directed by larry cohen
hemdale film corporation/larjan
More of a suspenseful meta dramedy than a horror film as such, this flick made me wonder how insufferable Eric Bogosian is in real life, as he was really, really good at portraying a total asshole here in his first cinematic lead role, as he also would prove to be a few years hence in Oliver Stone’s Talk Radio – adapted from the stage play Bogosian himself wrote. It also made me wonder what I would feel if I set foot in New York City again, since it’s been so long and so many things have changed so much since last I felt at home there. This tale of a murder disguised (hopefully) as a movie thinks it’s making all sorts of statements about the film industry and aspirant lives shooting for stardom and, you know, Art, and probably a bunch of other stuff, too, but I’m pretty sure the filmmaker just wanted to be clever about his Art. He sort of succeeds in making everything exponentially self-referential, but ultimately, nothing here really walks up and introduces itself. The exception may be the domicile of artist Lowell Nesbitt, where a lot of the action is filmed. Damn but the Art Scene in New York was a profitable one.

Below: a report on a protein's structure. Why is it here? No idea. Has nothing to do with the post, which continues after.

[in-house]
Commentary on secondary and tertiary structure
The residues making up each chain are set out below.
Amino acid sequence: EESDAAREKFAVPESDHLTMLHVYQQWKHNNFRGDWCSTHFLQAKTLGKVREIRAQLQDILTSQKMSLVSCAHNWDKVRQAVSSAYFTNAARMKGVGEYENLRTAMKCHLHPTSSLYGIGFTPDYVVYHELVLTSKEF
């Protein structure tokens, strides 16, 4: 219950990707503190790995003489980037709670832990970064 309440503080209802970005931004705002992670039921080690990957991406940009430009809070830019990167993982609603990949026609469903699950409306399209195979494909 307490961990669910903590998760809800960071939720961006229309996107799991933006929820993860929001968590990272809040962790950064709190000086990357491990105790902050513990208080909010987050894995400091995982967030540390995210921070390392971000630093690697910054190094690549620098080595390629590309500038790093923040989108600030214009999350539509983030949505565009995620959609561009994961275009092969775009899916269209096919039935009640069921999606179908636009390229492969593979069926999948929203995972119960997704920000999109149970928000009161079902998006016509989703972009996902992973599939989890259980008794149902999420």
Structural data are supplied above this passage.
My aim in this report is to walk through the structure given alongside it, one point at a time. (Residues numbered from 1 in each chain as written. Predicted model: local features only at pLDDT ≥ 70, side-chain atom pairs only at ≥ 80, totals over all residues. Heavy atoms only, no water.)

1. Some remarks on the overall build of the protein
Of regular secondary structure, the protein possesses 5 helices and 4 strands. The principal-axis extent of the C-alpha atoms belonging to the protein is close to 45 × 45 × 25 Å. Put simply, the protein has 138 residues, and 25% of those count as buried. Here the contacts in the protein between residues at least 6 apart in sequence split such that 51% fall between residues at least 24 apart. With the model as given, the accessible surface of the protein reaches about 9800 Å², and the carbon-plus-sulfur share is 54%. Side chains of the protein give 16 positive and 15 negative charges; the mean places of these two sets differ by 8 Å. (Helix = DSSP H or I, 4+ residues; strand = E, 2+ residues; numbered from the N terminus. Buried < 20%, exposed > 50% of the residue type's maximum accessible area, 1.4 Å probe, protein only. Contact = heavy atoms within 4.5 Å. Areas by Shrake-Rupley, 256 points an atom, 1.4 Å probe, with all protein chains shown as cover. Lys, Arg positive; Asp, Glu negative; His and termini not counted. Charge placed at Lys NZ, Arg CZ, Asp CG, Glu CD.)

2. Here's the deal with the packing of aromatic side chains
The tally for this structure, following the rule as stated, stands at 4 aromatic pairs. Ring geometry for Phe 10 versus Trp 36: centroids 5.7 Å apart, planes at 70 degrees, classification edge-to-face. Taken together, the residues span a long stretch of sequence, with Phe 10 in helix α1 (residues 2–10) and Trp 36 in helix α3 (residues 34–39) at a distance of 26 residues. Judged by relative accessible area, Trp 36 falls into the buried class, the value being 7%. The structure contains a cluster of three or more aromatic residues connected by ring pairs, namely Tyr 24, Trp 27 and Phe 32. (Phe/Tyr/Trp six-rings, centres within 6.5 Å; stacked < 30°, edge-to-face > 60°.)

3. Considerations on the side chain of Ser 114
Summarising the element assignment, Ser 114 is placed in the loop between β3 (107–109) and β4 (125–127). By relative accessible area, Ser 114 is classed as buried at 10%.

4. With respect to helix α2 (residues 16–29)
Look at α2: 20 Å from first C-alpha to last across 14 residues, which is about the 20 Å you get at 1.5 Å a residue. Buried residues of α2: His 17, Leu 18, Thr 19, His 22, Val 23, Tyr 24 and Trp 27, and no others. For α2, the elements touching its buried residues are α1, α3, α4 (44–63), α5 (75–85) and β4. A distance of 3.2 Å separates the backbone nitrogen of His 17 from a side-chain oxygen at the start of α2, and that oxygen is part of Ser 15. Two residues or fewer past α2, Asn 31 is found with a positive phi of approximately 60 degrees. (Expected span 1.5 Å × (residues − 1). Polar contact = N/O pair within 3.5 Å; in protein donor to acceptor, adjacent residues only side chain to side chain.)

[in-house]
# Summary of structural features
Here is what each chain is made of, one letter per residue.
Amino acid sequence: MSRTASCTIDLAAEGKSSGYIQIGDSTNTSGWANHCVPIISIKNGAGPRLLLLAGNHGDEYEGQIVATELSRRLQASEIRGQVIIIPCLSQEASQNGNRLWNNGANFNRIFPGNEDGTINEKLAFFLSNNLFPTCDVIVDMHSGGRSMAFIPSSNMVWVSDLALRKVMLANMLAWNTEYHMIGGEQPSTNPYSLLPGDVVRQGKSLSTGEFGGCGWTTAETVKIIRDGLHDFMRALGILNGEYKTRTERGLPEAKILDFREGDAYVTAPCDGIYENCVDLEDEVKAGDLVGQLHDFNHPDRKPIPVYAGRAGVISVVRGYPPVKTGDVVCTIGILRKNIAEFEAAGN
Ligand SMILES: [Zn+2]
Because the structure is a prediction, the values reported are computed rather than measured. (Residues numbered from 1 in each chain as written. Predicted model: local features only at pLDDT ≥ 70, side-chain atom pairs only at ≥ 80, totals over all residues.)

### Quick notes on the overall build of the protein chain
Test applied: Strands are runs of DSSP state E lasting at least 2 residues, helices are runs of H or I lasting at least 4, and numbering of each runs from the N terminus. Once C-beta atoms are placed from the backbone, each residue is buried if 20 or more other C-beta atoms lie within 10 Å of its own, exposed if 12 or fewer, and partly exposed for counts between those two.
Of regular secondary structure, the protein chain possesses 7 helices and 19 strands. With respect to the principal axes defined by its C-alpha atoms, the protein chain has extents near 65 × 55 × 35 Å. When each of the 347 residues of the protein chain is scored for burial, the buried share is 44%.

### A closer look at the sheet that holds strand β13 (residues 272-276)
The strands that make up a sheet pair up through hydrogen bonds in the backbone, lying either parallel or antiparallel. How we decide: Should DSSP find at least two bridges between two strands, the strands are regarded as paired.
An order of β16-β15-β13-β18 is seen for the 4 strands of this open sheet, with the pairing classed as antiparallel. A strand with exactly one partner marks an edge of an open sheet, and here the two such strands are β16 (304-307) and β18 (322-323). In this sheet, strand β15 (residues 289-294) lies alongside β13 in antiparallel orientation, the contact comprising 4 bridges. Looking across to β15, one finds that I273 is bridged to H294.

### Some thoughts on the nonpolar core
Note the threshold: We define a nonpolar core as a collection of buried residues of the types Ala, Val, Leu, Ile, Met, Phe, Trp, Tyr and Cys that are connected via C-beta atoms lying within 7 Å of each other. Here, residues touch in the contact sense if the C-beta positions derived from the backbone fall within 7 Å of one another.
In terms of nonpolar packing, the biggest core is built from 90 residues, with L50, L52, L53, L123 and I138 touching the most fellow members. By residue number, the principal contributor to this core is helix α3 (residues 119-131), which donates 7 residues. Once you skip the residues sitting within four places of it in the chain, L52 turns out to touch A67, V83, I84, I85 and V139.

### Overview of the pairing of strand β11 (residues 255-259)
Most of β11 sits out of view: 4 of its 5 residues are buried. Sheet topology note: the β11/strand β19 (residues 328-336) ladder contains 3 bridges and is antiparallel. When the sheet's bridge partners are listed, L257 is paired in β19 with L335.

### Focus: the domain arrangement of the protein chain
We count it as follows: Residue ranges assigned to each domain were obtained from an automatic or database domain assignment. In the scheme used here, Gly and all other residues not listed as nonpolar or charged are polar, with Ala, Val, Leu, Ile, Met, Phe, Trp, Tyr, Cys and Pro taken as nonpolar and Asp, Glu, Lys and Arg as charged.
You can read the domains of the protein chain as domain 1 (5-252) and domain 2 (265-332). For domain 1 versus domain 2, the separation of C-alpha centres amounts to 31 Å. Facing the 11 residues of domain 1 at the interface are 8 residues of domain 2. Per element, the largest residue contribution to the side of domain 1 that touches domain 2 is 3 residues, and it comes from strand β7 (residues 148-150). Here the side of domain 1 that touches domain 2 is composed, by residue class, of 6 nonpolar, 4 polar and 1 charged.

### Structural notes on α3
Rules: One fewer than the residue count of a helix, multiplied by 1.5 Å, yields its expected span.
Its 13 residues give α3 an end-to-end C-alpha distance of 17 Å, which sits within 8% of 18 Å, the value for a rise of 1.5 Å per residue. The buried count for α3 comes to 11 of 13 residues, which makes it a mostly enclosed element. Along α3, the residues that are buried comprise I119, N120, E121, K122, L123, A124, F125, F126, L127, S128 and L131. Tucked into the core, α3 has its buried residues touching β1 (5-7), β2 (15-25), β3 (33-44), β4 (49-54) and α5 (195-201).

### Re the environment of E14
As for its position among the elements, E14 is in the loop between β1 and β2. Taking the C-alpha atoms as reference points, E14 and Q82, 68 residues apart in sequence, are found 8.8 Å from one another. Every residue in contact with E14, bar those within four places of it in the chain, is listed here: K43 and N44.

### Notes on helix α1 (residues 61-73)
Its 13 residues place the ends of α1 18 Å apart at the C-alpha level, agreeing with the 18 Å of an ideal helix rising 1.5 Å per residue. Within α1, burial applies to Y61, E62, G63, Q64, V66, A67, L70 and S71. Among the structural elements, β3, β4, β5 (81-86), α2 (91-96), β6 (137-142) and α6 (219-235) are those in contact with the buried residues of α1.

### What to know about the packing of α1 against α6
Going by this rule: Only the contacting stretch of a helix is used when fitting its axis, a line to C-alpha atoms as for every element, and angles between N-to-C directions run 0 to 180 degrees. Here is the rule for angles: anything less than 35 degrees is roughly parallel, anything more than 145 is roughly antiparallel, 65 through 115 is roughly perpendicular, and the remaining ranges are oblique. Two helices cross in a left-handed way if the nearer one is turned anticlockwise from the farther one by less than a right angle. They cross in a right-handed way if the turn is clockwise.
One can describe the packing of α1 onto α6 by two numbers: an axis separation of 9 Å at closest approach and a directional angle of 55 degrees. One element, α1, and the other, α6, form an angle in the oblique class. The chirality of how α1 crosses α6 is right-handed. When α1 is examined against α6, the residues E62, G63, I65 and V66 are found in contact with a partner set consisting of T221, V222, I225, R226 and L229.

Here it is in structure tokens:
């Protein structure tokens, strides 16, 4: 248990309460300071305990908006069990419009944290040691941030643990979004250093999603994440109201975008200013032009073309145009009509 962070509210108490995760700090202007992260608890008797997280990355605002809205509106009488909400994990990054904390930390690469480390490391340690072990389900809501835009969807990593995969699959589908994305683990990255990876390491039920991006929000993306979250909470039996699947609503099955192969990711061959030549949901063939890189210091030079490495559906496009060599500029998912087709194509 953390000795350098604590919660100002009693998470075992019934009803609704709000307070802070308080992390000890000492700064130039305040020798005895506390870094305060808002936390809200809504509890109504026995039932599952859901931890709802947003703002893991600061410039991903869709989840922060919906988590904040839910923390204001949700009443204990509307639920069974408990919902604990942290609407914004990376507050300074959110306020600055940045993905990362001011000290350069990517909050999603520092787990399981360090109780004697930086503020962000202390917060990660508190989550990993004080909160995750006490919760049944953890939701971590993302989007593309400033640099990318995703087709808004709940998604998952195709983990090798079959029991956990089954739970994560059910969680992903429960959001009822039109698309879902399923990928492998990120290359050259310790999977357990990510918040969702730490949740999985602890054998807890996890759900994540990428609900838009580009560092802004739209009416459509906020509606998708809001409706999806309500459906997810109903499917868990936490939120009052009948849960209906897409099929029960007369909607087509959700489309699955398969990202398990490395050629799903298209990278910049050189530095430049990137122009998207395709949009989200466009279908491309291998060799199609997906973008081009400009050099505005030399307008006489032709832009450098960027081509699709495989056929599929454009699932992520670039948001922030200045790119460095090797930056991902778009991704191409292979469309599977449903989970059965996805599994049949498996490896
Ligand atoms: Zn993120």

why did i watch this movie?
A reference to Cohen’s concurrent release Perfect Strangers opined this was a better option. And I’ve been meaning to watch his A Return to Salem’s Lot.
should you watch this movie?
Cohen has a bizarre and somewhat notorious filmography that may interest you.
highlight and low point
The actress who plays the dual lead female role, credited here as Zoe Tamerlis, dominates this category once you realize she was something of an advocate for heroin. (A bold stance, to be sure.)
She died two months after her 37th birthday.